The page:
Emma: understand the difference between a bad review and poor review: a bad review is a review that sets out flaws in a poor application, but it is justified; a poor review is the one that does not tell you much about your proposal. Also, take opportunities to review others’ grants, but do not be a poor reviewer. A good panel will take into account the quality of the reviews when deciding whom to fund. Some panels allow you to respond to criticism from the reviewers.
David: interdisciplinary proposals can get funding, but it may be harder. Have confidence that they are doable.
Paul: most panels work by assigning a few proposals to each member. Your proposal is championed by that member to the rest of the panel. Each member can get 10-15 proposals to review in a day. During the panel meeting each proposal gets 2-3 minutes of time. Make your formatting clear so that the person arguing your case can quickly find answers to the panel’s questions. Panels are not lotteries, though they are not perfect.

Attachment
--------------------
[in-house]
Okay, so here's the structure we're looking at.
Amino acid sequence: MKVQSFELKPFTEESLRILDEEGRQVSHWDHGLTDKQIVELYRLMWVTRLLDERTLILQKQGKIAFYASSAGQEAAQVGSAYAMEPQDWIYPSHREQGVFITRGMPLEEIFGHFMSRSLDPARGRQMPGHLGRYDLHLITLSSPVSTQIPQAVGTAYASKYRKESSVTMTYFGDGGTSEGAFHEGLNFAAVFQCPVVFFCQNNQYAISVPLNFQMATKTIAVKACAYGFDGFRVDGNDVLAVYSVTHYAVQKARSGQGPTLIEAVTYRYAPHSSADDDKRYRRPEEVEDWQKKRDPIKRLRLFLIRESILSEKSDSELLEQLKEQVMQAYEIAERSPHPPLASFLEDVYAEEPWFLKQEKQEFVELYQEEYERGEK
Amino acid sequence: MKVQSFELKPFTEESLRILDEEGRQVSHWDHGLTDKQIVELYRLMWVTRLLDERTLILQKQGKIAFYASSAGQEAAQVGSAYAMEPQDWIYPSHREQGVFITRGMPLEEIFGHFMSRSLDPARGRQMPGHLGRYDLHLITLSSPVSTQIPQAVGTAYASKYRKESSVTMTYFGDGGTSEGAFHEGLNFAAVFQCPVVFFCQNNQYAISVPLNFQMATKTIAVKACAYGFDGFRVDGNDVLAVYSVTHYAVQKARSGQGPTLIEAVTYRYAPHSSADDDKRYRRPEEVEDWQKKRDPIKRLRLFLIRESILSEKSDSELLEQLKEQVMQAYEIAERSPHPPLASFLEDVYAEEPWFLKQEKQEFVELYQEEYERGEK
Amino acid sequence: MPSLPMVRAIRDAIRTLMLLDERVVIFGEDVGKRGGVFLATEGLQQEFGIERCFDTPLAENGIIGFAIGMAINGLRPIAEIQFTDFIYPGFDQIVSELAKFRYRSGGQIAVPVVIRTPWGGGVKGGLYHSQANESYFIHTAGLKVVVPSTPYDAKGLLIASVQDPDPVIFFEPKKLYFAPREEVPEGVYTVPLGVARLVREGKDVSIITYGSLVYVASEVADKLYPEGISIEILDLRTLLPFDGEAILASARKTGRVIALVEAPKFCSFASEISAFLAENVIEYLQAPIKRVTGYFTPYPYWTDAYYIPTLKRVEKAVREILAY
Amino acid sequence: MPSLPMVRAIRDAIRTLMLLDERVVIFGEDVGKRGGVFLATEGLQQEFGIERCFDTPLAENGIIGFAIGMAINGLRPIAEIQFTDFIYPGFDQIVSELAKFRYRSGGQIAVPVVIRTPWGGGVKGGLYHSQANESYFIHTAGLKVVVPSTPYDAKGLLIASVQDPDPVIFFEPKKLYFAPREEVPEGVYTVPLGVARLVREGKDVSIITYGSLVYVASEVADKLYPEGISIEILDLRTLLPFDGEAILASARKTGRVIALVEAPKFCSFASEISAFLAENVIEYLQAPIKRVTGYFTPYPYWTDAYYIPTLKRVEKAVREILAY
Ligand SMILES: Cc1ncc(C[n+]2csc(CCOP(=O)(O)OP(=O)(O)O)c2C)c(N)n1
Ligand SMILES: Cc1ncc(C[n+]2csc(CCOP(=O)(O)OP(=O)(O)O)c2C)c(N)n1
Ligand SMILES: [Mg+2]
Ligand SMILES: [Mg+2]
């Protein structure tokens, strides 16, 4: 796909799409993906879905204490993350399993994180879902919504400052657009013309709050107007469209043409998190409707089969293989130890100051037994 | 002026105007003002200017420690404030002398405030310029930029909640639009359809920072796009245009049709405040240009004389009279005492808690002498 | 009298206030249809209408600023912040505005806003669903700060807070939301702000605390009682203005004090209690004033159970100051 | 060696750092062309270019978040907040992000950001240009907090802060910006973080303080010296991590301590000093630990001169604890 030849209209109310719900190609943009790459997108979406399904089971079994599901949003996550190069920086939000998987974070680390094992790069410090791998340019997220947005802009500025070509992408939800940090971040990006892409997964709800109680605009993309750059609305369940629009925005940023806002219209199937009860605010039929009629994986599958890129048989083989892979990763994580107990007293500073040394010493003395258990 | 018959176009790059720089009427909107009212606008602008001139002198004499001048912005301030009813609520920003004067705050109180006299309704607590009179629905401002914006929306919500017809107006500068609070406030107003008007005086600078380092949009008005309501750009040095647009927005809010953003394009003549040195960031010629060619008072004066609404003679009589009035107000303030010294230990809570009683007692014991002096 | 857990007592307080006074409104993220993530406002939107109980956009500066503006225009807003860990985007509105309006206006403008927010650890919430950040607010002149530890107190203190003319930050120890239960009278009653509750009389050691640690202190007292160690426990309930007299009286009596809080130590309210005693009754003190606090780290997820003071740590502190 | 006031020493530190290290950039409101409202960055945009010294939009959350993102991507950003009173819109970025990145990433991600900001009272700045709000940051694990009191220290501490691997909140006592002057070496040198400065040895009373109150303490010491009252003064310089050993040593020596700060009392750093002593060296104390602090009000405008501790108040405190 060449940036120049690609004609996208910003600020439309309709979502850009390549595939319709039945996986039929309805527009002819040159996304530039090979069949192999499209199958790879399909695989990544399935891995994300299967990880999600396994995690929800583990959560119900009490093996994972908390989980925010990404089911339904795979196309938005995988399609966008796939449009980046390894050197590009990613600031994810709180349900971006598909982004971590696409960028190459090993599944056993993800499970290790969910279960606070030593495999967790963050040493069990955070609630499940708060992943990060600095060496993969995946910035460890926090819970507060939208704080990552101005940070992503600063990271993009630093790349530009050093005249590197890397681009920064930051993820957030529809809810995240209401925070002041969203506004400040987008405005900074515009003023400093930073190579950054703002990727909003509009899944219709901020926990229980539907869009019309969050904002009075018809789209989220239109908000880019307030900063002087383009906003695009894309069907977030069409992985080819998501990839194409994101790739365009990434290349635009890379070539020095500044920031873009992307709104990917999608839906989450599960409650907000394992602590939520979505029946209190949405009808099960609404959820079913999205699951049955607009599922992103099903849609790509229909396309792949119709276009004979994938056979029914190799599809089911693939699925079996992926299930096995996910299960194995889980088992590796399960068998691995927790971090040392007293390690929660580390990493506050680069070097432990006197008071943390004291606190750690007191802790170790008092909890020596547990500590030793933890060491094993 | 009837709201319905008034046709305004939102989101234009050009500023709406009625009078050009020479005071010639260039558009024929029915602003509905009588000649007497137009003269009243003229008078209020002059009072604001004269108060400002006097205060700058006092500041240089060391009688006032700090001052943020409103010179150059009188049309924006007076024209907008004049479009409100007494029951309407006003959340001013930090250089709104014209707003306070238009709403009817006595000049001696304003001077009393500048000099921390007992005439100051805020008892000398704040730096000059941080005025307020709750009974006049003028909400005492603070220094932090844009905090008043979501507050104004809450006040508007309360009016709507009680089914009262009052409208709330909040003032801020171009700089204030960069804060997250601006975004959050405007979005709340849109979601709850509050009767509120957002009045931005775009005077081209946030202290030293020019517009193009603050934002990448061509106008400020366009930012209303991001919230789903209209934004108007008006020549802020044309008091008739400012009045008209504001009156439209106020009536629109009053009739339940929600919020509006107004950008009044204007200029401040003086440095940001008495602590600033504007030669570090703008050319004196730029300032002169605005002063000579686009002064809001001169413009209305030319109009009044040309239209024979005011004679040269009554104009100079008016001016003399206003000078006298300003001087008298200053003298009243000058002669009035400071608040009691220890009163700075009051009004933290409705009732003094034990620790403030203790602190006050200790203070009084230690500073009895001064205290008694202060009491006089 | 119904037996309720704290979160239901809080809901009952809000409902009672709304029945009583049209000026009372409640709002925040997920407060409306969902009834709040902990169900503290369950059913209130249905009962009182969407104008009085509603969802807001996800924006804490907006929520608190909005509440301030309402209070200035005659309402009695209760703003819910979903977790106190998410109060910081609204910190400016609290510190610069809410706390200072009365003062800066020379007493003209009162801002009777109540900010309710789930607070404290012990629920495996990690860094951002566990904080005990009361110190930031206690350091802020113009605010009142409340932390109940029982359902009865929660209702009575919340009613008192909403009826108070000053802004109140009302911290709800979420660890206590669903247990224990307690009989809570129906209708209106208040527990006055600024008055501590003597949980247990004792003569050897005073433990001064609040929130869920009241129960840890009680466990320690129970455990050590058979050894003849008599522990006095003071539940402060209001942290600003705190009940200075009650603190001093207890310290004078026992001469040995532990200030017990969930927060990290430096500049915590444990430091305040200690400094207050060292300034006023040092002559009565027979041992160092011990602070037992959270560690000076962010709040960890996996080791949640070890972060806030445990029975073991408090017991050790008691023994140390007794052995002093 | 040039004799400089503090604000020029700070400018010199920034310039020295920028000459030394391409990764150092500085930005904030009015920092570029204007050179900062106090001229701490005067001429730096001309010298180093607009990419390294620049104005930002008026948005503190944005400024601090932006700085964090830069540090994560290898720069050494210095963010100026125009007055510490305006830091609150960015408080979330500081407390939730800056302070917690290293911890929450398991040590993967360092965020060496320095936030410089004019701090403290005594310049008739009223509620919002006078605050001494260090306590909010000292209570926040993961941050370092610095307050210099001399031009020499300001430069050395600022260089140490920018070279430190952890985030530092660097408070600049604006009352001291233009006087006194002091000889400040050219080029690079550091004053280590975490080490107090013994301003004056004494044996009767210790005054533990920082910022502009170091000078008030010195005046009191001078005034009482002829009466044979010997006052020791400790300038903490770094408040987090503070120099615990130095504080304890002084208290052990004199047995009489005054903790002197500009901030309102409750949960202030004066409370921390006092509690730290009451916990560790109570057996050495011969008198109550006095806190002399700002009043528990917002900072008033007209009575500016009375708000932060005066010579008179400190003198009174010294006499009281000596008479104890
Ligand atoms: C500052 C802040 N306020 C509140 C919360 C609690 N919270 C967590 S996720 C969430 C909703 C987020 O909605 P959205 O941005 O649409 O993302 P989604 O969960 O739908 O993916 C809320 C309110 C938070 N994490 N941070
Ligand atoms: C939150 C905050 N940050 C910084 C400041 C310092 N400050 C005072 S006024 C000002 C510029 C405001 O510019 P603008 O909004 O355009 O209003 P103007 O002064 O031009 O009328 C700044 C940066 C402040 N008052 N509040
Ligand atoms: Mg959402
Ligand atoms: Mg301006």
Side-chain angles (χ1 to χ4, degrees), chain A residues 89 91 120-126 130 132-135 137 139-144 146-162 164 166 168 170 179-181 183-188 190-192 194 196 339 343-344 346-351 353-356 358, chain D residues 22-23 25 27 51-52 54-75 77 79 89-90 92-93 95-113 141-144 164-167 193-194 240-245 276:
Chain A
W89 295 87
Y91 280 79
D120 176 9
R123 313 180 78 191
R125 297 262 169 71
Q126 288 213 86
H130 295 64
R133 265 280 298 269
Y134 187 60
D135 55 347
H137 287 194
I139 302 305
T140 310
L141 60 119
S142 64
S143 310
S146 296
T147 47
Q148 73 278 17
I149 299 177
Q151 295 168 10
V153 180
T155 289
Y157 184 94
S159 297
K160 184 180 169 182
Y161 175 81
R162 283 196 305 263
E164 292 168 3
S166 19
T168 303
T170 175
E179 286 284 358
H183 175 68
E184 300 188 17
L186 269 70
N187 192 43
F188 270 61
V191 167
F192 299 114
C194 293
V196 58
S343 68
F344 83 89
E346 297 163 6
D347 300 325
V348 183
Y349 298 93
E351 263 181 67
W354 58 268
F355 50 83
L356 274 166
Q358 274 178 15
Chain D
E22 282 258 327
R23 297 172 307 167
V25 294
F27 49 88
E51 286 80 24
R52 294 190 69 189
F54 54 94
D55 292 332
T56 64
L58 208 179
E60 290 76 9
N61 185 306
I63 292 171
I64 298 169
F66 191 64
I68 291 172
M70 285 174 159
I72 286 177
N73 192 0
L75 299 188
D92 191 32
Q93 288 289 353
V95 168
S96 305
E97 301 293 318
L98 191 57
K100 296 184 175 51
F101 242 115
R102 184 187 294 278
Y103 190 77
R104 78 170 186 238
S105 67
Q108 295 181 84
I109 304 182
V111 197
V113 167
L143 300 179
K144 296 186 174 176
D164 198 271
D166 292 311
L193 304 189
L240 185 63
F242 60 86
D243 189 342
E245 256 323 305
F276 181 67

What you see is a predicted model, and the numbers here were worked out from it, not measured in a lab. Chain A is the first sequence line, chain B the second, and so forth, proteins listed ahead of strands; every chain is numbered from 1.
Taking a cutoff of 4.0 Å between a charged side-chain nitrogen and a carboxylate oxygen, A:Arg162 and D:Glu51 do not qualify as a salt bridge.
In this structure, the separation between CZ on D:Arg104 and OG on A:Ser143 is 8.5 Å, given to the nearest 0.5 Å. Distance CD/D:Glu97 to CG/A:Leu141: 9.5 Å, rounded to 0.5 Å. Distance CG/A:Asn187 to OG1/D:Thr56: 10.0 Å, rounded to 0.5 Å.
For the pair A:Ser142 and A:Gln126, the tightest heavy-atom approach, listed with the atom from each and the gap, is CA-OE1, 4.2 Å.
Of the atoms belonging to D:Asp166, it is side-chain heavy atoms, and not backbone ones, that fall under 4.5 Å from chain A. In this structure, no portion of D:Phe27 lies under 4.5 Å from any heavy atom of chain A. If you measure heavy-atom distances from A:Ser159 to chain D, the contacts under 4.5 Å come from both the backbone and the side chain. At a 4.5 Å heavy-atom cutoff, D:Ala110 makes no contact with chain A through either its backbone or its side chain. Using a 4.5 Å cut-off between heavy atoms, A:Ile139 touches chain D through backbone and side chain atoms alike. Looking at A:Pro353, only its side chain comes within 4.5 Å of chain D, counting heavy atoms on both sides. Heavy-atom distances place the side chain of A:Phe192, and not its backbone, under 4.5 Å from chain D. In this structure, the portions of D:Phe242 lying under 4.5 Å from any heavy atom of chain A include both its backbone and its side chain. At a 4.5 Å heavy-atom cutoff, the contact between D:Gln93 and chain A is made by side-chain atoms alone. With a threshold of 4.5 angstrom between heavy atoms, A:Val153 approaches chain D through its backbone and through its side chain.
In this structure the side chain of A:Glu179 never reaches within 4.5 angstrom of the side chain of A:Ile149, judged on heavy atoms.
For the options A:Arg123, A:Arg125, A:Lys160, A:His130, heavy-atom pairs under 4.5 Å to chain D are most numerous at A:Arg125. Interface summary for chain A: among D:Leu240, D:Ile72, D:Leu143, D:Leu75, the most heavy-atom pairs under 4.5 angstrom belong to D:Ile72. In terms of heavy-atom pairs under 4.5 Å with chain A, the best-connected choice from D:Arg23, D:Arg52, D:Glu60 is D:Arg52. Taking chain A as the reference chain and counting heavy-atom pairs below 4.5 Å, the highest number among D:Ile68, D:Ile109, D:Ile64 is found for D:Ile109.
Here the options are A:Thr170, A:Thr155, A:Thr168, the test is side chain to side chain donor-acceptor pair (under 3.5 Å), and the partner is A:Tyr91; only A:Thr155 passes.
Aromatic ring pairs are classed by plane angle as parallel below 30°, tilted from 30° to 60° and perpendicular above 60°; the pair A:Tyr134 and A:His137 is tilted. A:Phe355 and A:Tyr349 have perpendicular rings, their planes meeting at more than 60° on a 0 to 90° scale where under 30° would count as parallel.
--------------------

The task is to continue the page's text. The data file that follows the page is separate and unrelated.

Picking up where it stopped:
We asked the EPSRC for guidance to help ECRs with grant applications. See what they had to say here.
DASA has shared their top tips for writing applications here.
Professor Dame Wendy Hall has shared her tips on writing grant applications in a video here.
Call for Events is now open! We're supporting Members and Expert Fellows to lead activities that explore aspects of TIPS in the Digital Economy. We will help to organise the activity with up to £5,000 to cover the associated costs.